As a critical note, both the allowed number of chemotherapy cycles (four) and the selection of chemotherapeutic drugs can be discussed. However, it has never been proven that six instead of four chemotherapy cycles are superior with regards to OS (14). In several countries, gemcitabine-platinum doublet is the standard of care instead of carboplatin-(nab)paclitaxel, which may limit the generalizability of the trial results. Indeed, the population enrolled may not reflect the real-life squamous NSCLC patients as they were all in good clinical conditions, with adequate organ function, relatively young, and with a low (about 8%) brain metastases rate. This potential selection of the patients enrolled into the trial can be stated by the fact that almost 30% of screened patients did not meet the in- and exclusion criteria anymore at the time of randomization.

Although the KEYNOTE 407 trial enrolled patients between August, 2016, and December, 2017, when at least four large randomized clinical trials had already reported a survival benefit with second-line ICIs, only one third of patients in the control arm received ICI at progression. Although this percentage might increase with longer follow-up, a high percentage of patients in the control arm did not receive a second line treatment potentially overestimating the survival benefit with the combination. A possible explanation could be a delayed approval for unblinding a cross-over since central confirmation of progression was mandatory, which could induce a clinical deterioration not allowing to start subsequent treatment strategies.

Based on the plethora of clinical trials assessing ICI in the first-line setting, assessment of the real role of the KEYNOTE-407 trial in this scenario merits further attention. The KEYNOTE-407 has positioned pembrolizumab in combination with (nab)-paclitaxel and carboplatin as the new SoC for metastatic squamous NSCLC (10,13). This is especially after the negative survival results of the IMpower131 trial (atezolizumab plus carboplatin and nab-paclitaxel) in the same population (15). Although differences in OS between both trials could be explained by different efficacy between anti-PD1 and anti-PD-L1 in squamous NSCLC, grade 3 AEs were similar (69% with the pembrolizumab and 66% with the atezolizumab-combination) (10,13,15). However, it should be pointed out that between the KEYNOTE-407 and IMpower131 differences in median follow-up (14.3 versus 25.5 months) exist, as well as differences in crossover rate (32% versus 43%) and in the proportion of PD-L1 positive tumors (63% versus 53%). Furthermore, PD-L1 scoring was performed differently [22C3 clone with PD-L1 TPS for pembrolizumab, SP142 clone with tumour cell (TC)/immune cell (IC) scoring for atezolizumab]. All of these could be considered for explaining the discordant results in OS (10,13,15).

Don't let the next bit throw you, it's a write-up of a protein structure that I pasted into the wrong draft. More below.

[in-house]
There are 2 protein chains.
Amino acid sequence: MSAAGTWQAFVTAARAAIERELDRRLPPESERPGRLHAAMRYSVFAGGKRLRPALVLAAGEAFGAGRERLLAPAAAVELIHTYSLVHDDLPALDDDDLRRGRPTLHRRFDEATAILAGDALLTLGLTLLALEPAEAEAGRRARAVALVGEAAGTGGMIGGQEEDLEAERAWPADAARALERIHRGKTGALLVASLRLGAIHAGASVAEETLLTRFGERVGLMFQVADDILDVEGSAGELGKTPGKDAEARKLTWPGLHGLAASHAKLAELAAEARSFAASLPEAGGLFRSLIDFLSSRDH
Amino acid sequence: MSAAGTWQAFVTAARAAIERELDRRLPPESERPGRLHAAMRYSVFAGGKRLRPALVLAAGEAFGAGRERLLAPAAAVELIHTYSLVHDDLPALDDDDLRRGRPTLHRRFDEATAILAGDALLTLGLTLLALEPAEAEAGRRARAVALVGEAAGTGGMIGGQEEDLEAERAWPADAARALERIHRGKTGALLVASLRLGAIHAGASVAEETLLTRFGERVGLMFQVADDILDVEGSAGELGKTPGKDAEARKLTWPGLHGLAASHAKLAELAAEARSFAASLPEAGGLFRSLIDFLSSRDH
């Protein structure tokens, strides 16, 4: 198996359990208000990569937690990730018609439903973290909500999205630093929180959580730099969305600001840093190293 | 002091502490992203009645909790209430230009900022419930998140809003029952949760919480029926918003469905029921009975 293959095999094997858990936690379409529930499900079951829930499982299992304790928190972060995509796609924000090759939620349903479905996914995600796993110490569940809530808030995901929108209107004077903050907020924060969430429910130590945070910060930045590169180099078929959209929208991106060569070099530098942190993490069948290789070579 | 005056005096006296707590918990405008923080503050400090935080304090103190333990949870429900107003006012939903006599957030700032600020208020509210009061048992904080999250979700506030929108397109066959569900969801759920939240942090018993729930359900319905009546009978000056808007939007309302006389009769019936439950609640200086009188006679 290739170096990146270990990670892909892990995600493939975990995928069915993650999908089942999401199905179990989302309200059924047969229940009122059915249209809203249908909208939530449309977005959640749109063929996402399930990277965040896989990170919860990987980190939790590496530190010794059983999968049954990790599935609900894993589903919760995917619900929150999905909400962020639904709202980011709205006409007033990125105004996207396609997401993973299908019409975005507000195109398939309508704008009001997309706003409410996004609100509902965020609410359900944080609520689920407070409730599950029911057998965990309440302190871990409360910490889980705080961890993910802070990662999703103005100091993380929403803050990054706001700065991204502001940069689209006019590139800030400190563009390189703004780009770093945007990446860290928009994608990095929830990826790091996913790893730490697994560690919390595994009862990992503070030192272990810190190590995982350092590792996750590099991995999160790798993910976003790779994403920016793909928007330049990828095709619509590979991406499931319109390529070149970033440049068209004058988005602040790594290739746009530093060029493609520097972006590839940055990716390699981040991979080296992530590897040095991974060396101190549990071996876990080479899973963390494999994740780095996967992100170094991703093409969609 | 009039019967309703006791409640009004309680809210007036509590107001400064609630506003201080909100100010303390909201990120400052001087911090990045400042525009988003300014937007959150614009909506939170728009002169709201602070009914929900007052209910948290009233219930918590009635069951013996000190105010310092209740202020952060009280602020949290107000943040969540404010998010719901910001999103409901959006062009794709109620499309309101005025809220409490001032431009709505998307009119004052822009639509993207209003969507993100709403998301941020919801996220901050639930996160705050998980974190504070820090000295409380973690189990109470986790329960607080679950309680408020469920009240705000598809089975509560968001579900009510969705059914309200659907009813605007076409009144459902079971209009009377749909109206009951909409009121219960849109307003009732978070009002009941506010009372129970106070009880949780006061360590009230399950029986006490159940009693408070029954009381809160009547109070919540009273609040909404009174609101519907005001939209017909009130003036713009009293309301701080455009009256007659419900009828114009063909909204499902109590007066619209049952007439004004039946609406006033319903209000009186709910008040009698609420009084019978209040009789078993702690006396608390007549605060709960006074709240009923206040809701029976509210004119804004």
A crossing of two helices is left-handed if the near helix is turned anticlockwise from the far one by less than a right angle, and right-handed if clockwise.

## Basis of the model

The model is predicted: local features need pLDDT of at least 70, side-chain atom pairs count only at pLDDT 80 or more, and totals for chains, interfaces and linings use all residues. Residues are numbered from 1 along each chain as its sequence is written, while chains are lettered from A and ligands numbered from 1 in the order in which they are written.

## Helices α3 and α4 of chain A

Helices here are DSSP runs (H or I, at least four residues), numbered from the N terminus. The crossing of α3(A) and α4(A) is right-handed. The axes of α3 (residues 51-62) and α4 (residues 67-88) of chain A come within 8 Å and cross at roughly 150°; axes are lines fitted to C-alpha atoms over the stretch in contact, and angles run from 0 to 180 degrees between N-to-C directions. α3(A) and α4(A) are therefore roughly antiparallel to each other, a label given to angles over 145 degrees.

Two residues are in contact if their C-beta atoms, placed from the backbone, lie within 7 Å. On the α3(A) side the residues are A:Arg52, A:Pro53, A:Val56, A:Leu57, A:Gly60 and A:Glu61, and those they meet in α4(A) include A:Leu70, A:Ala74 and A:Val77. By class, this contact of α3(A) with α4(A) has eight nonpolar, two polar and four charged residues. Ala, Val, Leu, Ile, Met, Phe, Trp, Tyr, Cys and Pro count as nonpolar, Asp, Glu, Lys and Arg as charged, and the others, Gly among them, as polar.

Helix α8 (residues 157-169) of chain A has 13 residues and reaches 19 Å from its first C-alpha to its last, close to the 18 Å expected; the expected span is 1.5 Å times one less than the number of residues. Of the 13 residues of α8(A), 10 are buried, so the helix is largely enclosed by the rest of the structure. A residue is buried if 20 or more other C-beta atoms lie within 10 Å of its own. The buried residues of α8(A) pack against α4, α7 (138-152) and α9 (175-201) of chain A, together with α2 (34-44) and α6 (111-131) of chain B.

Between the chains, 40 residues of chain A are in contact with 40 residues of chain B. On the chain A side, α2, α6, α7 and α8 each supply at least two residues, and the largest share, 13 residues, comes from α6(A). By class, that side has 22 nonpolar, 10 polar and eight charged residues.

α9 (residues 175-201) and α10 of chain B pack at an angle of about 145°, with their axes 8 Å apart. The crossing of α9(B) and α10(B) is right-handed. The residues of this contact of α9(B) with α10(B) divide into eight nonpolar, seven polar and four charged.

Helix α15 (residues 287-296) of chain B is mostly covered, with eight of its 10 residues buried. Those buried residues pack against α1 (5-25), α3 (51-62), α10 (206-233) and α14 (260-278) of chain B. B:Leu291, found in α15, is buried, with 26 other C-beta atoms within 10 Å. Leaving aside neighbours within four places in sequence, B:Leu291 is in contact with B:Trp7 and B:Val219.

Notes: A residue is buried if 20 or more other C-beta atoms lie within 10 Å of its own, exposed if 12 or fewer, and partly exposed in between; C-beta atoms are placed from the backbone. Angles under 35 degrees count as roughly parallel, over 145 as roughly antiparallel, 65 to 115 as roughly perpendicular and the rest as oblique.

One more point merits attention. With a median follow-up of 14.3 months, pembrolizumab plus chemotherapy improved PFS regardless of PD-L1 expression, but the magnitude of OS benefit according to PD-L1 strata was less consistent, with survival improvement in tumours with PD-L1 expression between 1% to 49%, but not in PD-L1 negative tumours (HR 0.79, 95% CI: 0.56–1.11) or in tumours with high PD-L1 expression (HR 0.79, 95% CI: 0.52–1.21). However, the effects of PD-L1 expression in OS in the KEYNOTE-407 trial were only prespecified exploratory endpoints, lacking statistical power, while they were secondary endpoints in the IMpower131 (10,13). As contrary, in the IMpower131 trial, median OS was significantly improved with atezolizumab only in the subgroup with high PD-L1 expression (TC3 or IC3, HR 0.48; 95% CI: 0.29–0.81), but not in PD-L1 positive (TC1/2/3 or IC1/2/3, HR 0.86, 95% CI: 0.67–1.11) or PD-L1 negative tumours (TC0 or IC0, HR 0.87; 95% CI: 0.67–1.13) (15). Therefore, is there any role of ICI-chemotherapy in PD-L1 negative squamous lung cancer? A recent pooled analysis assessed this strategy in 428 PD-L1 negative tumours enrolled in three randomized trials (KEYNOTE-021G, KEYNOTE-189 and KEYNOTE-407). The analysis reported a clinically meaningful benefit improvement in PFS (HR 0.67; 95% CI: 0.53–0.84) and OS (HR 0.56; 95% CI: 0.43–0.73) with pembrolizumab plus chemotherapy compared with chemotherapy alone, although 42% of patients in the control arm received an anti-PD(L)1 at the time of progression. The OS benefit was observed in all subgroups, including squamous NSCLC (HR 0.61; 95% CI: 0.38–0.96) (16). In the CheckMate227 trial, part 2, nivolumab plus chemotherapy did not meet its primary endpoint of significantly prolonged OS versus chemotherapy alone in treatment-naïve non-squamous NSCLC (HR 0.86, 95% CI: 0.69–1.08, P=0.186) (17). For all randomized patients in the trial as well as in the squamous group, nivolumab plus chemotherapy showed improved OS (HR 0.81; 95% CI: 0.67–0.92 and HR: 0.69; 95% CI: 0.50–0.97, respectively) compared with chemotherapy. Of note, it was a descriptive analysis and outcomes by histology according to PD-L1 expression were not reported. However, in all randomized patients, HR for OS was similar regardless of PD-L1 expression, not clearly supporting PD-L1 expression as a predictive biomarker for this combination (17).